in a particular area of interest. In other words, if
you are looking to obtain research funding and have no
idea where to start, start with the above website and
a faculty member who has a federal grant.
| 9. Visibility and the Competition for Scarce Resources
Unlike the undergraduate experience,
graduate school involves competition for scarce resources
such as: (a) research funds; (b) office space; (c) fellowships;
(d) co-authorships; (e) time with faculty members; and
(f) information. Lack of information and visibility are
two of the key issues that put many students at a disadvantage.
When the faculty are making decisions about these scarce
resources they need to know who you are. If you have
not been on campus and have not participated in any department
events your name will not be familiar to the people
who are parceling out these resources. To stay informed
about these decisions and to put your name at the top of
the list, visibility is necessary to be considered an active
member of the department’s academic community.
| 10. By Any Means Necessary, Be Prepared To Fully Participate In Your Class Discussions
In graduate school expect your
workload to be substantially more than any one person
could complete. The reading requirements can be sometimes
overwhelming and burdensome. In addition to the required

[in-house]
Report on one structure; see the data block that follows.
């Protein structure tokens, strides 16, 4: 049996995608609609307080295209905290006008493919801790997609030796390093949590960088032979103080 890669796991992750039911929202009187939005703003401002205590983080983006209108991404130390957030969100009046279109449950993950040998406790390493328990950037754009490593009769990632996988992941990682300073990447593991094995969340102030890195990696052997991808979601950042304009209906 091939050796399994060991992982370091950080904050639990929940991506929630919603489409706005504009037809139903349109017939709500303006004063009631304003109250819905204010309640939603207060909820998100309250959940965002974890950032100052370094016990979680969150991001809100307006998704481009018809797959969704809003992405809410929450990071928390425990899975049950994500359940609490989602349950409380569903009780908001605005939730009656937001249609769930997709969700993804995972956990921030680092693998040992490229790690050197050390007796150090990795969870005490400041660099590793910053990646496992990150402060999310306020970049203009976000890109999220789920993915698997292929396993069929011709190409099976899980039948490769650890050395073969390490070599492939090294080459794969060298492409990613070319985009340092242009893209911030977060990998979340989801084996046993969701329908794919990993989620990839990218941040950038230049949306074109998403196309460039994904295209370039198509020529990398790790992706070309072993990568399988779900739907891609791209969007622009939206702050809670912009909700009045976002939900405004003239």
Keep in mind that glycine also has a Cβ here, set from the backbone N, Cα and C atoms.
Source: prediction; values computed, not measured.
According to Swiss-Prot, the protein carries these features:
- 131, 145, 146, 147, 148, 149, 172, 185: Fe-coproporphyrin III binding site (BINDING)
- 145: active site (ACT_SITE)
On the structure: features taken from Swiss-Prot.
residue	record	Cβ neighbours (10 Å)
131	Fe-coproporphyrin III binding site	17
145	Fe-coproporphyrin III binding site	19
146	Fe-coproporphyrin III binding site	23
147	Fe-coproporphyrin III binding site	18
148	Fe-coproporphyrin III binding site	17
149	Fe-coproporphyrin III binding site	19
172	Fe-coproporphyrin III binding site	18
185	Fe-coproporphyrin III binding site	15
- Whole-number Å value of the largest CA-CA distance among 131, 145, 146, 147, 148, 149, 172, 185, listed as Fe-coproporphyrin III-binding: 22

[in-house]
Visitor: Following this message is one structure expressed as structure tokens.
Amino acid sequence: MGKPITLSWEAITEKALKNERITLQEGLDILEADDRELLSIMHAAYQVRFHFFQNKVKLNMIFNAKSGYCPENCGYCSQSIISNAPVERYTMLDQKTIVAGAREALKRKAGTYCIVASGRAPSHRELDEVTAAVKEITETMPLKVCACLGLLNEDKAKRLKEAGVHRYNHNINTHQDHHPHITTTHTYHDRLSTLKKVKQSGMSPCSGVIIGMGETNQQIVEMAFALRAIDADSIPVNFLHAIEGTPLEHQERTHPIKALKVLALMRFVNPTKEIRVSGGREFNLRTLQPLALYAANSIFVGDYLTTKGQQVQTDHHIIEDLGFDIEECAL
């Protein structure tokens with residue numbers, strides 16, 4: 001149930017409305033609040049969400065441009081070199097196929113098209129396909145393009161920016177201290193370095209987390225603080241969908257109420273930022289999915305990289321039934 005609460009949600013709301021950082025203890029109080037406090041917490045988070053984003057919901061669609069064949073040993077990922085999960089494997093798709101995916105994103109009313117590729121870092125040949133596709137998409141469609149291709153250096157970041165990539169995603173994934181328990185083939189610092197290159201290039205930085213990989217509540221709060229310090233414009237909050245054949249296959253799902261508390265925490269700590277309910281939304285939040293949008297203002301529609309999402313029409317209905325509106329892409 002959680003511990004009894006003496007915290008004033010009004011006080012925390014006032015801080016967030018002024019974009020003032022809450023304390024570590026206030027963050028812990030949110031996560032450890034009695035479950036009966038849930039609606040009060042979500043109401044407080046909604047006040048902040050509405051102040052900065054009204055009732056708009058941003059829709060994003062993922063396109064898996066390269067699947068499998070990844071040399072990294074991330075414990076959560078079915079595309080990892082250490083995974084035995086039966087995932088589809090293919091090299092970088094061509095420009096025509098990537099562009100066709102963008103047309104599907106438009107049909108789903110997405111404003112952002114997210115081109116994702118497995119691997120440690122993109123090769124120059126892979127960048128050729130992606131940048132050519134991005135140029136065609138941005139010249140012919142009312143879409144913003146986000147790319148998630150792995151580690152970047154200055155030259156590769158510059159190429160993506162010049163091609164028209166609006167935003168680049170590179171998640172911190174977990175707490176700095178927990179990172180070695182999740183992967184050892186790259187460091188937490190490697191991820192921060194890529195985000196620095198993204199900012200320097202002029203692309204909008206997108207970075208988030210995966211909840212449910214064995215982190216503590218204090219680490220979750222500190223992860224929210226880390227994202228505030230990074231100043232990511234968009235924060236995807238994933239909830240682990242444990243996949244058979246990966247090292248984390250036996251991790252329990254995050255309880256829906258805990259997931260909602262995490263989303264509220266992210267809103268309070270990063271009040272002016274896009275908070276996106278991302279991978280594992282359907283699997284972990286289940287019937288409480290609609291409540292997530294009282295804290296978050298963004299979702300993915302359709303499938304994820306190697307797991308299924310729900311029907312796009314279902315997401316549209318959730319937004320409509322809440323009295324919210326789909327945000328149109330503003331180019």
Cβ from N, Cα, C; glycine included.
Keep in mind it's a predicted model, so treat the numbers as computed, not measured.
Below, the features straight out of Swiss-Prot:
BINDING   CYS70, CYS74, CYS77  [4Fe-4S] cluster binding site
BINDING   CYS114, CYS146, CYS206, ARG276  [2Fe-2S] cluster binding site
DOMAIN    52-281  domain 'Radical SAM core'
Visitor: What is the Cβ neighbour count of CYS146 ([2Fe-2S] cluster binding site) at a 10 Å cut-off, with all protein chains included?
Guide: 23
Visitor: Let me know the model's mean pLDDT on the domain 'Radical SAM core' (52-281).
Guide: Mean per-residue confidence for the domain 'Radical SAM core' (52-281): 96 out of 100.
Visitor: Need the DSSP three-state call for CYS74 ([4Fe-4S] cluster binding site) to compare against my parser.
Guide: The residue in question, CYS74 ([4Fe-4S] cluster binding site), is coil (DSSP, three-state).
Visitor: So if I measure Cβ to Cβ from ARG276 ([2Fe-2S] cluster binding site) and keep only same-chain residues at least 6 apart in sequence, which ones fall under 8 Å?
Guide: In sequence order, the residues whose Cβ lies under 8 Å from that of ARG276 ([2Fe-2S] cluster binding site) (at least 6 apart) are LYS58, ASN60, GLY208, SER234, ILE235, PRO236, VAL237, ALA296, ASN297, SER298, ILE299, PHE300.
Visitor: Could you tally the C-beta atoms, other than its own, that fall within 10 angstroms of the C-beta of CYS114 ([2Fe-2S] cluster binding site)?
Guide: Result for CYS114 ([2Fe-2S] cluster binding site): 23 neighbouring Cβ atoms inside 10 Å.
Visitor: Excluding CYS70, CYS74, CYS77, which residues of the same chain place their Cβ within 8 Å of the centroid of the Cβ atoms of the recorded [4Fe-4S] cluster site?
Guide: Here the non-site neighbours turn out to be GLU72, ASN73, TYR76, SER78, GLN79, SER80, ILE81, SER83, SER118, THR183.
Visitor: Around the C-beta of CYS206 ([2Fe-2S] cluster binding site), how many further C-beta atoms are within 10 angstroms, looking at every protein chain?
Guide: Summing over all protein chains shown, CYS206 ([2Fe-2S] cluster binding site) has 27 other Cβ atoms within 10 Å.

readings, in the syllabus you might find supplemental (recommended)
readings as well. Don’t waste time complaining
to the professor who assigned the reading; he/she fully
expects you to come to class prepared to discuss the
readings. Find creative ways to cover the reading materials
for the course.
For example, in graduate school I was able to familiarize
myself with all the readings by forming and
participating in a class study group. We would divide
the readings amongst ourselves and provide a summary
for each reading. The summary included the abstract,
the research question, the methodology, limitations,
and the findings. Using this method allowed all of us
to participate in the class discussion. In class it is
always better to make any contribution on something than
not to participate at all. Sometimes class participation
involves making a preemptive strike; raise your hand
and volunteer an answer on something that you are prepared
for before you are called upon to answer a question you
don't know the correct answer to.
Email Question of the Month:
About the Author: As a single mother, professor
Wendy Y. Carter, Ph.D., completed three masters' degrees
and a PhD. Her motto is a Good Thesis/Dissertation is a Done
Thesis/Dissertation. She is the creator of a new innovative interactive
resource tool on CD--TADA! Thesis and Accomplished. To learn
more and sign up for her FREE tips and teleclasses, contact us at
Privacy is our policy. TADA™ Finishline does not
give out or sell our subscribers' names or e-mail addresses.